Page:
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NATO’s chief and Turkish officials take pains to stress that data from the alliance’s missile system will not be shared with non-members, particularly Israel.

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The data within the NATO missile system will not be shared with third countries, NATO’s Rasmussen (L) reassures Foreign Minister
Davutoğlu, who insists on singling out Israel from ‘third countries’ when he says ‘especially if it’s about Israel, our view is clear.’ DAILY NEWS photo, Selahattin SÖNMEZ

The data within the NATO missile system will not be shared with third countries, NATO’s Rasmussen (L) reassures Foreign Minister Davutoğlu, who insists on singling out Israel from ‘third countries’ when he says ‘especially if it’s about Israel, our view is clear.’ DAILY NEWS photo, Selahattin SÖNMEZ

Data collected by an early-warning NATO radar system in Turkey will not be transferred to Israel, both Turkish and NATO officials confirmed Feb. 17, underlining that the missile defense project was designed to protect NATO territories and populations.

“Data is shared within our allies, among our allies. It’s a defensive system to protect the populations of NATO allies,” Secretary-General Anders Fogh Rasmussen told reporters at a joint press conference with Foreign Minister Ahmet Davutoğlu on the occasion of the 60th anniversary of Turkey’s membership in the alliance.

Following insistent questions from Turkish media and lawmakers, Rasmussen had to repeat several times that “it was a NATO system and the data within the system will not be shared with third countries.”

However, Davutoğlu was firmer in singling out Israel from “third countries” when he said, “Especially if it’s about Israel, our view is clear.”

Turkey decided to deploy an U.S. early warning radar system in the eastern province of Malatya’s Kürecik area after long negotiations with the alliance. NATO assured Turkey that the data to be collected by the system would be processed at a NATO base in Ramstein, Germany, where a senior Turkish commander will also be stationed.

The anti-ballistic missiles designed to shoot down any incoming missile will be station on Aegis vessels in the eastern Mediterranean until new such missiles can be deployed in Romania and Poland as part of the program.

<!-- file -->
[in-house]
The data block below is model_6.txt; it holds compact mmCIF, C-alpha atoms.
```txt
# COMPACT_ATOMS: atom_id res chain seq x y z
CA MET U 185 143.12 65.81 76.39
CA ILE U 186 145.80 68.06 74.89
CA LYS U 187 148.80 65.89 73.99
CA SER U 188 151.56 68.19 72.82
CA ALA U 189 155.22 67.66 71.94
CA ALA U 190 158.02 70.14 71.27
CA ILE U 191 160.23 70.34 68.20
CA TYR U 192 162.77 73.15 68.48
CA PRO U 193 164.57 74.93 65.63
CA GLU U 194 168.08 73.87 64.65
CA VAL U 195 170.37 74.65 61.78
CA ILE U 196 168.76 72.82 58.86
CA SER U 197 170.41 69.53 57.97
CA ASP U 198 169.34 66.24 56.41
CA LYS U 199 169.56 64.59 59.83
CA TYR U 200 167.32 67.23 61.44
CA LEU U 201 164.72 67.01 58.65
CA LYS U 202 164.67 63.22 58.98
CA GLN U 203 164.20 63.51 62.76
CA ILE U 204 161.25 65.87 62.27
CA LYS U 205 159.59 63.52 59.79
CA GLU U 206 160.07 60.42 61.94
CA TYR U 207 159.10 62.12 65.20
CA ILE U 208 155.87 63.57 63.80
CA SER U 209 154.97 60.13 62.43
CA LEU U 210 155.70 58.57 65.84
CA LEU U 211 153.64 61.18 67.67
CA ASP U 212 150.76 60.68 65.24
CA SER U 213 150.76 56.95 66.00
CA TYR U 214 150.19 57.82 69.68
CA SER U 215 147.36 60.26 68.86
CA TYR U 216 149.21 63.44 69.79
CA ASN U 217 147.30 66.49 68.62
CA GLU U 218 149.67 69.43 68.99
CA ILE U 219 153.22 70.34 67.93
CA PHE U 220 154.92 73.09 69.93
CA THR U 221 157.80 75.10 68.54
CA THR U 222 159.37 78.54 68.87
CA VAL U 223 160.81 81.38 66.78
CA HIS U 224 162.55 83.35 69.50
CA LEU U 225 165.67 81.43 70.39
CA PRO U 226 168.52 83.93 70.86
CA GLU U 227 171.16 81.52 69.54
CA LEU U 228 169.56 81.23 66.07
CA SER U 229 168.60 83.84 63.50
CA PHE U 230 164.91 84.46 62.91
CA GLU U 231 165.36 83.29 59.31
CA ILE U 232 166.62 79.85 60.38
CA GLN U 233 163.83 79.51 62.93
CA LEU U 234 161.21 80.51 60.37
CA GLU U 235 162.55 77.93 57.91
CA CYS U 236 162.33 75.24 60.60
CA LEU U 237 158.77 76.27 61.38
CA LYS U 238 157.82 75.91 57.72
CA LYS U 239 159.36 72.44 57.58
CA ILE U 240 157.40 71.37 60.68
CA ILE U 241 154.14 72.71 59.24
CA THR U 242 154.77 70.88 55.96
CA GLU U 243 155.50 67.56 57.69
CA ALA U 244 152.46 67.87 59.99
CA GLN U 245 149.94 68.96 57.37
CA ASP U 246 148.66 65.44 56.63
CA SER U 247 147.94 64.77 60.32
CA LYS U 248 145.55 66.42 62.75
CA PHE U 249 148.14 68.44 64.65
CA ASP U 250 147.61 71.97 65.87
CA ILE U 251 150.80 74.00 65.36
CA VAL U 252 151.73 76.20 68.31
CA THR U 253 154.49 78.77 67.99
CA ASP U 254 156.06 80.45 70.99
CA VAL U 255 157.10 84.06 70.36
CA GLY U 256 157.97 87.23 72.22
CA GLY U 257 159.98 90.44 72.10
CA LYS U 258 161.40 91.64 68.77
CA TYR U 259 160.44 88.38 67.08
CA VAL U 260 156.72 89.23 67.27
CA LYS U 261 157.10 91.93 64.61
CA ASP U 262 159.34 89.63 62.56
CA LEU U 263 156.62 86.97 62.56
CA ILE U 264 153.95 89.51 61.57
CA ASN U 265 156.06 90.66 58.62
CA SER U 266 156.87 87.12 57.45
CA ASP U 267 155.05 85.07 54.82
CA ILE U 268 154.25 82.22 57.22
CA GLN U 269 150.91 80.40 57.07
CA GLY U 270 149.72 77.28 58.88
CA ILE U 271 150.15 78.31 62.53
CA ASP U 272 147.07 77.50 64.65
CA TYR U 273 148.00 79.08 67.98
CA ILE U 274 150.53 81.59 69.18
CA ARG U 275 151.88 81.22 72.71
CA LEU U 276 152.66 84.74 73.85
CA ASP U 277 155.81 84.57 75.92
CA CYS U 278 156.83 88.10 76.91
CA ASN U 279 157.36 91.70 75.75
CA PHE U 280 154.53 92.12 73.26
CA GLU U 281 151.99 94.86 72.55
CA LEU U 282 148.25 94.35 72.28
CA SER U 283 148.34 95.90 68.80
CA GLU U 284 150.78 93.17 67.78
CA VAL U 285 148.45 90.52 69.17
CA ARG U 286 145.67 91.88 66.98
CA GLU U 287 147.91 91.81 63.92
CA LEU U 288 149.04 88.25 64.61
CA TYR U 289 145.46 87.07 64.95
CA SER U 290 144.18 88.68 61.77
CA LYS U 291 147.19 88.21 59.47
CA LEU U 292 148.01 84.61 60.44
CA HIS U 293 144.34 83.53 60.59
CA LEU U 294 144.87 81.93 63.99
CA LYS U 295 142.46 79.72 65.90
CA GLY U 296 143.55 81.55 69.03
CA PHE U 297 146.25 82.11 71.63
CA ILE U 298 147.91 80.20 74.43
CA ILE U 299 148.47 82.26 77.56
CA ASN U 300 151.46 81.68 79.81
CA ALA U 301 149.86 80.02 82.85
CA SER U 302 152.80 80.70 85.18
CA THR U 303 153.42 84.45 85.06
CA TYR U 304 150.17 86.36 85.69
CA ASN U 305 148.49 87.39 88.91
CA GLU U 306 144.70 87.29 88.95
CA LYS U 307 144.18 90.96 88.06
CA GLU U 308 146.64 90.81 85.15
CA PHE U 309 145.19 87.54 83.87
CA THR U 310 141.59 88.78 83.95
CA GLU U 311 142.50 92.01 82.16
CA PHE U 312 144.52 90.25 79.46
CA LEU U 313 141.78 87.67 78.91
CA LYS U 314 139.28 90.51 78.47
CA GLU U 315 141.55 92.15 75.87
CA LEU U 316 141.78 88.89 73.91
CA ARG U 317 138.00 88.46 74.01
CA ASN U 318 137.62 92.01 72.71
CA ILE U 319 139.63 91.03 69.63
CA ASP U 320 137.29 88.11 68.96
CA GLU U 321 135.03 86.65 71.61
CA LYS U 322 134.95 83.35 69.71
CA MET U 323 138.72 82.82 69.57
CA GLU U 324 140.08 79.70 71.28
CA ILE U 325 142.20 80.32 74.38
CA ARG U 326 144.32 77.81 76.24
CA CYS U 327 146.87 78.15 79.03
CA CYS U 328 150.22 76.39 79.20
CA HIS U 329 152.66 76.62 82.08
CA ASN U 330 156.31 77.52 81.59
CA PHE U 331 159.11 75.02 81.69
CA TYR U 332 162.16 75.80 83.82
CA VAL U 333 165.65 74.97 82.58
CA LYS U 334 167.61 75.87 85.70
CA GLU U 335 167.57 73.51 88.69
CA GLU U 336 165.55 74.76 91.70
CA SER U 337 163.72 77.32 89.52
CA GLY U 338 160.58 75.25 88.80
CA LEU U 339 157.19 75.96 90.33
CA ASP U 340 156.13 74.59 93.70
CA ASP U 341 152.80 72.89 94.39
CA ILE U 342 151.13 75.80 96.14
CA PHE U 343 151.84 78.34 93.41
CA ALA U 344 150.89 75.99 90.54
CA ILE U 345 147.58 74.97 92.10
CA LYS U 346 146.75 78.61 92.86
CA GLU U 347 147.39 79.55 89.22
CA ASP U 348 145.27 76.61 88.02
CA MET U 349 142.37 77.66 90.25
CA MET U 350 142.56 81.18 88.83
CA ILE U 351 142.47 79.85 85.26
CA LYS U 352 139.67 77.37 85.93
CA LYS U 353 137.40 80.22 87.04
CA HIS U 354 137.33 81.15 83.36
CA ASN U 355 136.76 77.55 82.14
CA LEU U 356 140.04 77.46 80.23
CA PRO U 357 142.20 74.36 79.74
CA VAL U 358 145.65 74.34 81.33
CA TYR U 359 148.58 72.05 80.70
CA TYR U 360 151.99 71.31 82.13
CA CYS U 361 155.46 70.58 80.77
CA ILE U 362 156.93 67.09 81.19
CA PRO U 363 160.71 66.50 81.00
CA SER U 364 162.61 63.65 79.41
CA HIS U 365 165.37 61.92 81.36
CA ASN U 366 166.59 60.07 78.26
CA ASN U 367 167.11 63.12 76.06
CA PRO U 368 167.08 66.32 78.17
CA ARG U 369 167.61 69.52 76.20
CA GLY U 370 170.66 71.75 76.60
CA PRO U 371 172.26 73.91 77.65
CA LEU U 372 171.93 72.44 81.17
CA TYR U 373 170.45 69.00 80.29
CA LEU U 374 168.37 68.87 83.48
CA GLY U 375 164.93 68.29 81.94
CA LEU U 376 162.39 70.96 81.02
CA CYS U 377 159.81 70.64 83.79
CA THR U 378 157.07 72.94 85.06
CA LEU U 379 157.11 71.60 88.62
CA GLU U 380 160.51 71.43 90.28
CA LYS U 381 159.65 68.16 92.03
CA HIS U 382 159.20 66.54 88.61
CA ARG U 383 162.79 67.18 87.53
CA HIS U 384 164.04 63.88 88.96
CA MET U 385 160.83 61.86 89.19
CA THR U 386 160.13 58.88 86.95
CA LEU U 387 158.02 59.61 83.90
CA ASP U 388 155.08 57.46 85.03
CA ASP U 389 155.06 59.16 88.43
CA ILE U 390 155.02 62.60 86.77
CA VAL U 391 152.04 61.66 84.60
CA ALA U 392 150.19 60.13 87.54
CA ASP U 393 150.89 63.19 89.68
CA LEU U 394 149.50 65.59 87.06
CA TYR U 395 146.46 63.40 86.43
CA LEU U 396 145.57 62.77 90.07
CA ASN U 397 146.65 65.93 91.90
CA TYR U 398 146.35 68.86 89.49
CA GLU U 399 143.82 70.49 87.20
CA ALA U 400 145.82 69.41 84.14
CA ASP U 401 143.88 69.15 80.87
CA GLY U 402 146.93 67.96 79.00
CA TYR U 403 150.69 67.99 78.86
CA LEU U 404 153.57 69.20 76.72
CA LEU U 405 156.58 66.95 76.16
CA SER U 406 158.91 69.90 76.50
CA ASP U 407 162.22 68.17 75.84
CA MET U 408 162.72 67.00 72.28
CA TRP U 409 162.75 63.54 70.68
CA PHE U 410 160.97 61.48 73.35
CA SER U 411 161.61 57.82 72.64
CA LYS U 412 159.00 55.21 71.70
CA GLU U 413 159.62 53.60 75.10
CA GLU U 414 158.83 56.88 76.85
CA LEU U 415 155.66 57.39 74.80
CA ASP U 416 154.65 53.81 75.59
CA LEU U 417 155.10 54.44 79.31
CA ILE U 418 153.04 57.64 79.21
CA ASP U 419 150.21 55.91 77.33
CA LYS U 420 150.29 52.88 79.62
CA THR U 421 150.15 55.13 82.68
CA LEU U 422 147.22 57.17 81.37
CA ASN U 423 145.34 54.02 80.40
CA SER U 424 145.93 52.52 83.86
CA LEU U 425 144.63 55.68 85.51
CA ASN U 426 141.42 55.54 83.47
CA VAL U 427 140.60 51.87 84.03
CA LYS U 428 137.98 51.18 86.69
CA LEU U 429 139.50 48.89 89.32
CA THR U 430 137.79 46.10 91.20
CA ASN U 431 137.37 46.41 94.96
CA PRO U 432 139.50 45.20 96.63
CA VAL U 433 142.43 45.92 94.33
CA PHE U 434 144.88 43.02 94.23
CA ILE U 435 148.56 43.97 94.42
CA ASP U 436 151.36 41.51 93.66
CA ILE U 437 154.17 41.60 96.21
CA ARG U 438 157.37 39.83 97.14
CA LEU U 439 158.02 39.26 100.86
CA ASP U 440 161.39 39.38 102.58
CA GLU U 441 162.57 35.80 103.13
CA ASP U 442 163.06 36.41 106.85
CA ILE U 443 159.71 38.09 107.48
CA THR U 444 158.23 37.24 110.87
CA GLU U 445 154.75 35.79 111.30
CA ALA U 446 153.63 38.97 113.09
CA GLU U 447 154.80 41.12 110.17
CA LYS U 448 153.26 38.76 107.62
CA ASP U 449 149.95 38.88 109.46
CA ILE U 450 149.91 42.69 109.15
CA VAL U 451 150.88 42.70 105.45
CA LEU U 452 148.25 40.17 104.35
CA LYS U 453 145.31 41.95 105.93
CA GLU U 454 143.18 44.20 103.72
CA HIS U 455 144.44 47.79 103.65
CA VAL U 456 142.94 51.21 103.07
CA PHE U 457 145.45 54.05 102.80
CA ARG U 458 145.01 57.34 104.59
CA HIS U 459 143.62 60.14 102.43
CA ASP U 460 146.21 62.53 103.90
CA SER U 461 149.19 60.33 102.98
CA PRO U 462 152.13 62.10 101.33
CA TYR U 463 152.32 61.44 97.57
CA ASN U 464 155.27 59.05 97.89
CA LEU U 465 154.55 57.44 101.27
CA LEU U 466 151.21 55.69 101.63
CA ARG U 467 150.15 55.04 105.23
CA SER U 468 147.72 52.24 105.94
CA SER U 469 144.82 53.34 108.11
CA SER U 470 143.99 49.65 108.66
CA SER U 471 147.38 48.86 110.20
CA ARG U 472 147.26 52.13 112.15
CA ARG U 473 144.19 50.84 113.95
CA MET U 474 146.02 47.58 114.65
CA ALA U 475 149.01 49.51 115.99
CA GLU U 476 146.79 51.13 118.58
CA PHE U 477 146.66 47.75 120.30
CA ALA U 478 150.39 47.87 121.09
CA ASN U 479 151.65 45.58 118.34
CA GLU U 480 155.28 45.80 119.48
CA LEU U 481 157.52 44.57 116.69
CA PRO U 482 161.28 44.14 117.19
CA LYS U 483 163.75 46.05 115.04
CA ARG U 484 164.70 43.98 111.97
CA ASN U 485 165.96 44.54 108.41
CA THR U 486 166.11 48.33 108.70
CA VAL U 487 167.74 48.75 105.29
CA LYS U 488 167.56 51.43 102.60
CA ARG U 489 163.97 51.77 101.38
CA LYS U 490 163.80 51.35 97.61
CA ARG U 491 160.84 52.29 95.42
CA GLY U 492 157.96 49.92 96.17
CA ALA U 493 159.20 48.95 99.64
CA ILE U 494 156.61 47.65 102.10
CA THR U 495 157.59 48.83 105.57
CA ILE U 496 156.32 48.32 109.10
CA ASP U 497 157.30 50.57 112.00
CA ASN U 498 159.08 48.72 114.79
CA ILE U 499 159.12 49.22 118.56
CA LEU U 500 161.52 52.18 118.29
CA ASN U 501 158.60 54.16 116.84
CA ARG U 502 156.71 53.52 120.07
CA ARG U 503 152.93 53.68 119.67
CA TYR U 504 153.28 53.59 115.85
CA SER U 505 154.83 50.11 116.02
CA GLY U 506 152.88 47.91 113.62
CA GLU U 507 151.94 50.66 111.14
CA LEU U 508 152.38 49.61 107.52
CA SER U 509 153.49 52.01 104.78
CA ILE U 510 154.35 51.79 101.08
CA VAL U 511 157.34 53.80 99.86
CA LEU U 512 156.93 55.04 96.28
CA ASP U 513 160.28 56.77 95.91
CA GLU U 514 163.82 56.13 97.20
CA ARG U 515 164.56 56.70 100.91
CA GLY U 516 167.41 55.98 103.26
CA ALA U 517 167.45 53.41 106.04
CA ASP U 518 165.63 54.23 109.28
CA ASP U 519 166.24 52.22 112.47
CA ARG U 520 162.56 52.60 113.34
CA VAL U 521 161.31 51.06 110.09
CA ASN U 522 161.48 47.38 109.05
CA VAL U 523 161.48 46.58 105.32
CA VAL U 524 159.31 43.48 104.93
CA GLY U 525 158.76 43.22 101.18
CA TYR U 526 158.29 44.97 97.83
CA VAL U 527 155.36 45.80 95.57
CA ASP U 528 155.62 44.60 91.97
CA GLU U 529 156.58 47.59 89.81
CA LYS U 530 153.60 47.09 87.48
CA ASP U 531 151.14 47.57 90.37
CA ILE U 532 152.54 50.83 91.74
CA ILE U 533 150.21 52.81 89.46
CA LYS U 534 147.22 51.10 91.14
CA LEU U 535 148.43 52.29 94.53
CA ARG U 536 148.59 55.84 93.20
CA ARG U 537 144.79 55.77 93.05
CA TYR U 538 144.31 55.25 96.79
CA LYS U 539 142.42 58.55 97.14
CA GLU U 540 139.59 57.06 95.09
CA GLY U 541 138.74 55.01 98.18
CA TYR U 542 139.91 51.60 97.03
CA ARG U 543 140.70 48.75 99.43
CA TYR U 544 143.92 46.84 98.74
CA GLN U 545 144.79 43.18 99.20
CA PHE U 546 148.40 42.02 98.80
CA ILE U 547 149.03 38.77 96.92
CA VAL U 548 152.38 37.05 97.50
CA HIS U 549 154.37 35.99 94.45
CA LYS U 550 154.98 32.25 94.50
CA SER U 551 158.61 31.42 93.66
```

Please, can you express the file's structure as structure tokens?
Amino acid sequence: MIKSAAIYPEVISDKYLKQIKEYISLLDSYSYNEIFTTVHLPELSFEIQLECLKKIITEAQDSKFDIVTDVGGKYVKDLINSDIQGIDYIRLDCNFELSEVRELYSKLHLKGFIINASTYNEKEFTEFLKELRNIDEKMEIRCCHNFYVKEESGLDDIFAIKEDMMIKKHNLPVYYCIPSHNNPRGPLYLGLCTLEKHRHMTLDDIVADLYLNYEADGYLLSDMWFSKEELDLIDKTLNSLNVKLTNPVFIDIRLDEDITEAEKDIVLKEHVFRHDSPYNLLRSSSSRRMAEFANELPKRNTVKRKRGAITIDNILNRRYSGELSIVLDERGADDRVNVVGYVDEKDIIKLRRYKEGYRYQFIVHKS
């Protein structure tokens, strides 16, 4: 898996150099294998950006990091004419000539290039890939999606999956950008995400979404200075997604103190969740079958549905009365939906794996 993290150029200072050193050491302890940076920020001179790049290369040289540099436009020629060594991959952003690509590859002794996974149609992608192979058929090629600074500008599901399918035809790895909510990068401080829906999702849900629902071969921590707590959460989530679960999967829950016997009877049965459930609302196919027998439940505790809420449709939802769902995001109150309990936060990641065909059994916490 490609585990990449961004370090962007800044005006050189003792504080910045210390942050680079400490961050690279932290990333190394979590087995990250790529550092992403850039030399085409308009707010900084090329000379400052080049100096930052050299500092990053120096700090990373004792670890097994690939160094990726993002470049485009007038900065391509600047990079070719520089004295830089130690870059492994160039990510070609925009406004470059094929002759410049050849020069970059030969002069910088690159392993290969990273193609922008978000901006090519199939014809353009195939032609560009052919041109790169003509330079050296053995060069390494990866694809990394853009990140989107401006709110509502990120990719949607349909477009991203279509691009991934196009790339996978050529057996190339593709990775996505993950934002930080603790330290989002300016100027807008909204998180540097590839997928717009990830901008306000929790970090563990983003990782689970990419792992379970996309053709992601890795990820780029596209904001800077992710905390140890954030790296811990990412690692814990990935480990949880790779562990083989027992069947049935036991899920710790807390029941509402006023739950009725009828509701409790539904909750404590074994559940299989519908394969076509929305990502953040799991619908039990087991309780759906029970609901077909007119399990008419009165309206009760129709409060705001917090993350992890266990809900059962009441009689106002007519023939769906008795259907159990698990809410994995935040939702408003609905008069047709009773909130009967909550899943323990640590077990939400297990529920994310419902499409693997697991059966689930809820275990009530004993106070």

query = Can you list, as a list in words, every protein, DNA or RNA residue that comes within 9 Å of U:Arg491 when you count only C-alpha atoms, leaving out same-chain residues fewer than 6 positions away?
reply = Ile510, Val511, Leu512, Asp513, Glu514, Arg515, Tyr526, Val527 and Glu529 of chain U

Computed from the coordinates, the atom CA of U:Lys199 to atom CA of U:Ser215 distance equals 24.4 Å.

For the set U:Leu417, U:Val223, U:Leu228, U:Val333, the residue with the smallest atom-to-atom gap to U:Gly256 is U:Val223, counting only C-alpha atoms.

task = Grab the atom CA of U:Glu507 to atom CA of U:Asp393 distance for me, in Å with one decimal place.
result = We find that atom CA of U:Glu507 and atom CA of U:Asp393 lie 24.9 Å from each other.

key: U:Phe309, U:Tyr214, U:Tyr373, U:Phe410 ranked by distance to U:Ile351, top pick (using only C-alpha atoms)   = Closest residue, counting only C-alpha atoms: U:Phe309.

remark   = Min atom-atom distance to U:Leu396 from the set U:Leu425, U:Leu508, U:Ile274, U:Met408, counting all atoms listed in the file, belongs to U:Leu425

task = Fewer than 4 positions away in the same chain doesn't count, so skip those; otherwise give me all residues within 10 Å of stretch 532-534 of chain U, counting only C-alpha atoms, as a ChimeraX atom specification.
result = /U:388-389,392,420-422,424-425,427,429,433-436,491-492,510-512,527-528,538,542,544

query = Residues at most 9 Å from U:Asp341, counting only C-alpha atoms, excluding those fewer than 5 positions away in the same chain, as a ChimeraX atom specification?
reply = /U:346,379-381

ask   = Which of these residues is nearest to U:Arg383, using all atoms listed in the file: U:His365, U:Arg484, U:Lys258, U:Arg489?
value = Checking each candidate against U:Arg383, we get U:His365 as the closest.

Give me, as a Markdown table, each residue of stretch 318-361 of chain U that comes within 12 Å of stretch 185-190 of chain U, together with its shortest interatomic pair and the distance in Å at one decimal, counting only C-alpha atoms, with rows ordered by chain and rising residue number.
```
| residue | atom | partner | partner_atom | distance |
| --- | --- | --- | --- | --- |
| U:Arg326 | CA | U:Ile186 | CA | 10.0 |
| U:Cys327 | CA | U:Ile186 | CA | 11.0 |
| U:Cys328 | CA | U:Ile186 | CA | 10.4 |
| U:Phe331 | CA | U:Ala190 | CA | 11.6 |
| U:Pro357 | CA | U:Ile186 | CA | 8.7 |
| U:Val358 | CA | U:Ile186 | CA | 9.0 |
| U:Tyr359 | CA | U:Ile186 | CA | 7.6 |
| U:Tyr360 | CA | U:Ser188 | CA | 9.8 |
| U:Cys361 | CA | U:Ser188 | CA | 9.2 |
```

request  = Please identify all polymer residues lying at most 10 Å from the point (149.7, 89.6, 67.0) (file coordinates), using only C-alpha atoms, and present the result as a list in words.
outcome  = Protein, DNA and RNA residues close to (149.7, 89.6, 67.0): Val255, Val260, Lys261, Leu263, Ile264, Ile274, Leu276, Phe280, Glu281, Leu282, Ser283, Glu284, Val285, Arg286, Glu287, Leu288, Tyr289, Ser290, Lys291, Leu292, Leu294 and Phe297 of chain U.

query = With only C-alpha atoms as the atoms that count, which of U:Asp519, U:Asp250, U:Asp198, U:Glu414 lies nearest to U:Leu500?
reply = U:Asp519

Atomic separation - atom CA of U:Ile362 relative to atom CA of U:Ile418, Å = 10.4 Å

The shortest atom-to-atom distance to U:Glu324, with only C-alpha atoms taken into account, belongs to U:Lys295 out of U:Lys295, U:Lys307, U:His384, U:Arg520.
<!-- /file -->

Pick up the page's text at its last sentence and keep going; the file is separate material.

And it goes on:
Rasmussen said the system would cover all of Turkey’s territory and population in the event of a ballistic attack.

“We appreciate that Turkey has agreed to host one of the facilities,” Rasmussen said in his first visit to Turkey after the radar system became operational Jan. 1, 2012.

Turkey’s relationship with Israel was severely strained in the aftermath of the Mavi Marmara incident in which nine Turks were killed at the hands of Israeli commandos in 2010. Turkey blocked Israel’s demand to boost its ties with NATO.

“Turkey is a valuable ally and Israel is a valuable partner,” Rasmussen said, adding that NATO was willing to see a speedy reconciliation between its ally and partner. Further cooperation of NATO with Israel was not on the agenda of yesterday’s talks, a diplomat told the Hürriyet Daily News.
No NATO role in Syria

Another topic discussed during Rasmussen’s visit was developments regarding the Arab Spring, with Syria being especially high on the agenda.

Rasmussen said NATO was not planning on playing any role in Syria even though alliance-member Turkey’s shared border with the Arab republic meant the body was closely monitoring developments in the strife-torn country.

During an interview with Reuters on Feb. 17, the NATO chief said the alliance had no intention of intervening in Syria even in the event of a U.N. mandate to protect civilians and called on regional countries to find a way to deal with the problem.

Rasmussen also rejected the possibility of providing logistical support for proposed humanitarian corridors to ferry relief to towns and cities bearing the brunt of President Bashar al-Assad’s crackdown on pro-democracy protesters. “We have no intention whatsoever of intervening in Syria,” Rasmussen said.

Praising Turkey’s role

Rasmussen also praised the role Turkey was playing in its region. “Turkey does more than just share our security. Your expertise in the Middle East and North Africa are valuable. They benefit the whole of NATO,” he said.

“That’s particularly important now across the region. The people are rising up and demanding rights the same rights as we NATO citizens have long enjoyed,” Rasmussen said, adding that as the Arab Spring continued to unfold, Turkey’s leadership would be crucial.

In separate messages on the commemoration of the 60th anniversary, President Abdullah Gül said Turkey had become the pivotal country of NATO while Prime Minister Recep Tayyip Erdoğan said both Turkey and NATO had become more dependent on each other in terms of security needs.

Meanwhile, Turkish Ambassador to Athens Kerim Uras visited the Greek Foreign Ministry on Feb. 17 to convey Ankara’s disturbance over remarks by the Greek foreign minister that NATO had failed to prevent Turkish threats to Greece, diplomatic sources told the Daily News.

February/18/2012

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